Monad Wars – 1: the Prompt

A lot of learning projects involve writing games: people have
written clones of Tetris, Asteroids, Space Invaders, and even first
person shooters (Frag) in Haskell. As I'm far less clever than these
people, I thought I'd start with something a bit simpler: Dope Wars.

Dope Wars is basically a trading game. In 30 turns, you move from
one location to another, buying and selling, er, drugs on the streets
of New York. It's a fairly simple concept, but one which includes
elements like:

  • Input and Output
  • Game state
  • Random numbers

all of which seem like a good way to learn Monads and the other
building blocks that you need to actually do anything useful in a
functional programming language like Haskell.

So I had the idea, wrote up a couple of datatypes and some
functions, and then forgot about it. Then, when Greg McCarroll
mentioned that he'd accept talks about other languages for the London Perl Workshop on December 1st, I thought it would be a great opportunity to push myself to do it by proposing a lightning talk.

Only problem: I now have to actually write the game in order to talk
about it (*). So… here goes. In this post, I'm going to show a first
draft for the game prompt.


OK, people often find it most convenient to do State using “Monads”.
I think I'm going to leave that for now, and just thread state
explicitly. Mainly because I haven't yet got around to learning how to
use the State Monad. Hopefully this will eventually become annoying
enough that it will give me impetus to learn the monadic version.

Anyway, the idea here is that we'd have some function playTurn that will look a bit like this:

 > playTurn :: GameState -> IO ()
> playTurn gs = let gs' = doSomething gs
> in playTurn gs'

(There is an interesting post on haskell-cafe about a more sophisticated monadic representation of the prompt).

So we just need to work out how to represent this GameState object. To start off with, we'll want to store information like

  • Which turn it is
  • What our score is (how much money we have)
  • Where we are on the game map

We could create a normal tuple:

 > data GameState = GameState Integer Integer Location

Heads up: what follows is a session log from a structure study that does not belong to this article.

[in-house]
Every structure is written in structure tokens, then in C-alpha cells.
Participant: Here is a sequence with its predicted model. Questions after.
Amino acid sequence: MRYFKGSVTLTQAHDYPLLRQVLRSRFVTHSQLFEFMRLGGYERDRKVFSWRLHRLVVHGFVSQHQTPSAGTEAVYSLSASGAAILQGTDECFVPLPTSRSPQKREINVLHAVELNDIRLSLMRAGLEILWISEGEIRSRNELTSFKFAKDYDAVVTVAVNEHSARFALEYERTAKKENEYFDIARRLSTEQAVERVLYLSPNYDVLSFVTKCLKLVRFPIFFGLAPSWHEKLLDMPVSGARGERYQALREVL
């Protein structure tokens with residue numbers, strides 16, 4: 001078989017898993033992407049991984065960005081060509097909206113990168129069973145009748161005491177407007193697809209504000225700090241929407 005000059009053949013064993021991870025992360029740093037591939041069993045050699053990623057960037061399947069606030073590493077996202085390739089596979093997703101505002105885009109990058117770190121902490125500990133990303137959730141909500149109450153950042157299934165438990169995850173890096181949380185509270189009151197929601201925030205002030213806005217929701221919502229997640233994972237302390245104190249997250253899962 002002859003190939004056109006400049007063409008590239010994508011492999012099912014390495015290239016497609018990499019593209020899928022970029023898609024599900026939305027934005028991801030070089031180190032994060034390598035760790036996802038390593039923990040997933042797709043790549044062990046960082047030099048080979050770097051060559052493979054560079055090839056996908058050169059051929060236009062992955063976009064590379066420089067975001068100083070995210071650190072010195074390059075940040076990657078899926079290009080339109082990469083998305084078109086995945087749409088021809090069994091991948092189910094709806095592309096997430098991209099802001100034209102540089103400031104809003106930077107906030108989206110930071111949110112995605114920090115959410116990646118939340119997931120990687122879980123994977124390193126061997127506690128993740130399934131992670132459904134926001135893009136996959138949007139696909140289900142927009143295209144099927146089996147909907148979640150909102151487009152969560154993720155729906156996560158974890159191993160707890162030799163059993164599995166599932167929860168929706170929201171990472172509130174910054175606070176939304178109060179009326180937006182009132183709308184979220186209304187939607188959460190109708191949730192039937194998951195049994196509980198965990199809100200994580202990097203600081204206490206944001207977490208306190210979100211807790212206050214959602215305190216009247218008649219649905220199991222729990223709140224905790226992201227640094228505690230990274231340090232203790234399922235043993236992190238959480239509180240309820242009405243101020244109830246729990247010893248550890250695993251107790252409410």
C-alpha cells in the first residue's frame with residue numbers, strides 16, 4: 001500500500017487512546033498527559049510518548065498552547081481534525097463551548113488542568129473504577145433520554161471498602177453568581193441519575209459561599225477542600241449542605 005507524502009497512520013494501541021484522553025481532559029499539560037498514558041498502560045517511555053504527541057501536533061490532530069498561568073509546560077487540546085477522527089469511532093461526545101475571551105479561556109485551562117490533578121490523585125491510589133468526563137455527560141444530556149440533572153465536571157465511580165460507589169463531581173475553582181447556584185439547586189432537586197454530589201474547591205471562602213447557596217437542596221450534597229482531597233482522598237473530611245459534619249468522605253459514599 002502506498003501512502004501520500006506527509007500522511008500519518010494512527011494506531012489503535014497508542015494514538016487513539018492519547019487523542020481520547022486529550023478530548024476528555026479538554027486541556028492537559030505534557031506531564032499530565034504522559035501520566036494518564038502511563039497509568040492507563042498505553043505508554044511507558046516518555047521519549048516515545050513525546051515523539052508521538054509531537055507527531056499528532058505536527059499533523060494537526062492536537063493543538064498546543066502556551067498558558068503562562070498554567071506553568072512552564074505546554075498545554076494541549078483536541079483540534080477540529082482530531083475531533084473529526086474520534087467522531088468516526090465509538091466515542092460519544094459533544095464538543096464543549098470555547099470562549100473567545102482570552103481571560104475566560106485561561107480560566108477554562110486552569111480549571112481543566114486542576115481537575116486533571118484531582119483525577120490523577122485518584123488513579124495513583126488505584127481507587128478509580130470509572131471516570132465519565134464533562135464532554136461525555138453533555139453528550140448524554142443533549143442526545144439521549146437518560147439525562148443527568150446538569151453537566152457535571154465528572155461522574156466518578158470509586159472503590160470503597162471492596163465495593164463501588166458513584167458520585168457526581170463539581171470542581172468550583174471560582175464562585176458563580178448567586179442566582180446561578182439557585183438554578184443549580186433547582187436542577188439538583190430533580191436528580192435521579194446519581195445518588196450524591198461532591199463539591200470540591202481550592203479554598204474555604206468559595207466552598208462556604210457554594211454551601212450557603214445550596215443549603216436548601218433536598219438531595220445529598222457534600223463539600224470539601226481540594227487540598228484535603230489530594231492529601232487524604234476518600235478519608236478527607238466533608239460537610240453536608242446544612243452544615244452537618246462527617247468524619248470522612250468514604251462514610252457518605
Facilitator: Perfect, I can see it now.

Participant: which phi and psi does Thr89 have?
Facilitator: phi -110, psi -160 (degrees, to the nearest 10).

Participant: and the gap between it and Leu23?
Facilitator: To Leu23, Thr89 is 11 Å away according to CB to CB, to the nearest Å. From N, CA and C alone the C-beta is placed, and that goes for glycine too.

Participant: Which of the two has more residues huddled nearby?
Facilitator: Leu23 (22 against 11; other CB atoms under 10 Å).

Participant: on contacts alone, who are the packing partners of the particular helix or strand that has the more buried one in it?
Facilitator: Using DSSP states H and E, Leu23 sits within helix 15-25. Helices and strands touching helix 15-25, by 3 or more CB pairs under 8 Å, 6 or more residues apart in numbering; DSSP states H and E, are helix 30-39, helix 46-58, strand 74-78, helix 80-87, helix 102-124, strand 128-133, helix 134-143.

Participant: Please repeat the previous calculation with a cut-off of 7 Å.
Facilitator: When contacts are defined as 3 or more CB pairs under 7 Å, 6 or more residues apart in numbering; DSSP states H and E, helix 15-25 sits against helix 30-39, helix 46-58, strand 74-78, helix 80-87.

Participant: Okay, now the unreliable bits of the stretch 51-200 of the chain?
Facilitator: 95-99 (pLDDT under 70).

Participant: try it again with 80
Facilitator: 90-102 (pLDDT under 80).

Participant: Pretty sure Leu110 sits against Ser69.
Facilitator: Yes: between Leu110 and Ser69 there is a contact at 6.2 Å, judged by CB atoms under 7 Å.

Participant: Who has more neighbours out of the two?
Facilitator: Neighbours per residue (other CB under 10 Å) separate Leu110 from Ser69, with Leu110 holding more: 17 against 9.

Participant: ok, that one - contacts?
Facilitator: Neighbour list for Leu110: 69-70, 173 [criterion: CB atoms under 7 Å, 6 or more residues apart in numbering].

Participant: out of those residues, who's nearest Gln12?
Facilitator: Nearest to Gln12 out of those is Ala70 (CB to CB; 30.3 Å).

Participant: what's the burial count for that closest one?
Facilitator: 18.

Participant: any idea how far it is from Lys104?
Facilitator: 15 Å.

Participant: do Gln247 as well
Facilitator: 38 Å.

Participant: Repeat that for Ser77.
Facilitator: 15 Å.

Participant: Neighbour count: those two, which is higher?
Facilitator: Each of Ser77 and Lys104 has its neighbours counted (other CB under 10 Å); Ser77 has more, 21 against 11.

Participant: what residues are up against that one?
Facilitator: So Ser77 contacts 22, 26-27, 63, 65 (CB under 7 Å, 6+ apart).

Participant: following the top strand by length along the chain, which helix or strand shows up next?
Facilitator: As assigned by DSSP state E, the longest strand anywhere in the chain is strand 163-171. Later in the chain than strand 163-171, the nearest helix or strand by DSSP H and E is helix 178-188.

> -- turn score location

and then pattern match on this, but it's going to get horrible if we
add any fields later on! In Perl I'd just use a hash, but remember that
Haskell Data.Map objects map from one type to another, and we might
well have values of various types.

When I asked on #haskell, dons and firefly told me about the record syntax:

 > data GameState = GameState {
> turn :: Integer,
> score :: Integer,
> location :: Location
> } deriving Show
> -- for now:
> type Location = Integer

Defining the original state is easy:

 > startState = GameState {
> turn = 1,
> score = 0,
> location = 0
> }

And to “modify” it (or rather to clone it, overriding certain
fields) there is a convenient syntax that just lets us declare those
fields which have changed:

 > movedToBronx = gs { location = bronx }

Setting a field to a value is easy, but we might want to define some mutators to change the field relative to its current value:

 > nextTurn :: GameState -> GameState
> nextTurn gs = gs { turn = succ $ turn gs }
> modScore :: Integer -> GameState -> GameState
> modScore d gs = gs { score = score gs + d }

The record syntax will work even when we inevitably add new fields later. Yay!


Now, the game cycle is a bit more complicated than the version I
suggested above, as it will allow IO actions in it. Something perhaps
like this:

 > playTurn gs = do showStatus gs
> putStr prompt
> s <- getLine
> let f = parseLine s
> let gs' = f gs
> if isEnd gs'
> then endGame gs'
> else playTurn gs'

For now we'll just stub some of the declarations we need. showStatus can just show the GameState record (which is why we derived the Show class).

 > showStatus gs = putStrLn $ show gs

We may as well set the prompt to the dollar sign, appropriately:

 > prompt   = "$ "

Though we'll need to parse the line read from standard input to one
of the commands like “Buy 4 X” or “Goto location 3“, right now, we'll
just stub in a function that increments the score and the turn counter:

 > parseLine s =   nextTurn 
> . modScore 10

We need to know if we're at the end of the game, and take action appropriately.

 > isEnd gs = turn gs > maxTurns
> maxTurns = 3
> endGame gs = do putStrLn "Game over!"
> putStrLn $ "Your score was " ++ (show $ score gs)
> return ()

And here's a transcript

 *Main> playTurn startState
GameState {turn = 1, score = 10, location = 0}
> buy 2 foo
GameState {turn = 2, score = 20, location = 0}
> sell 4 bar
GameState {turn = 3, score = 30, location = 0}
> goto quuxtown
Game over!
Your score was 40

(*) to be fair, it's only a 5 minute “Lightning Talk”, so I could
probably get away without even writing the whole game, but I'll feel
better if I actually know what I'm talking about…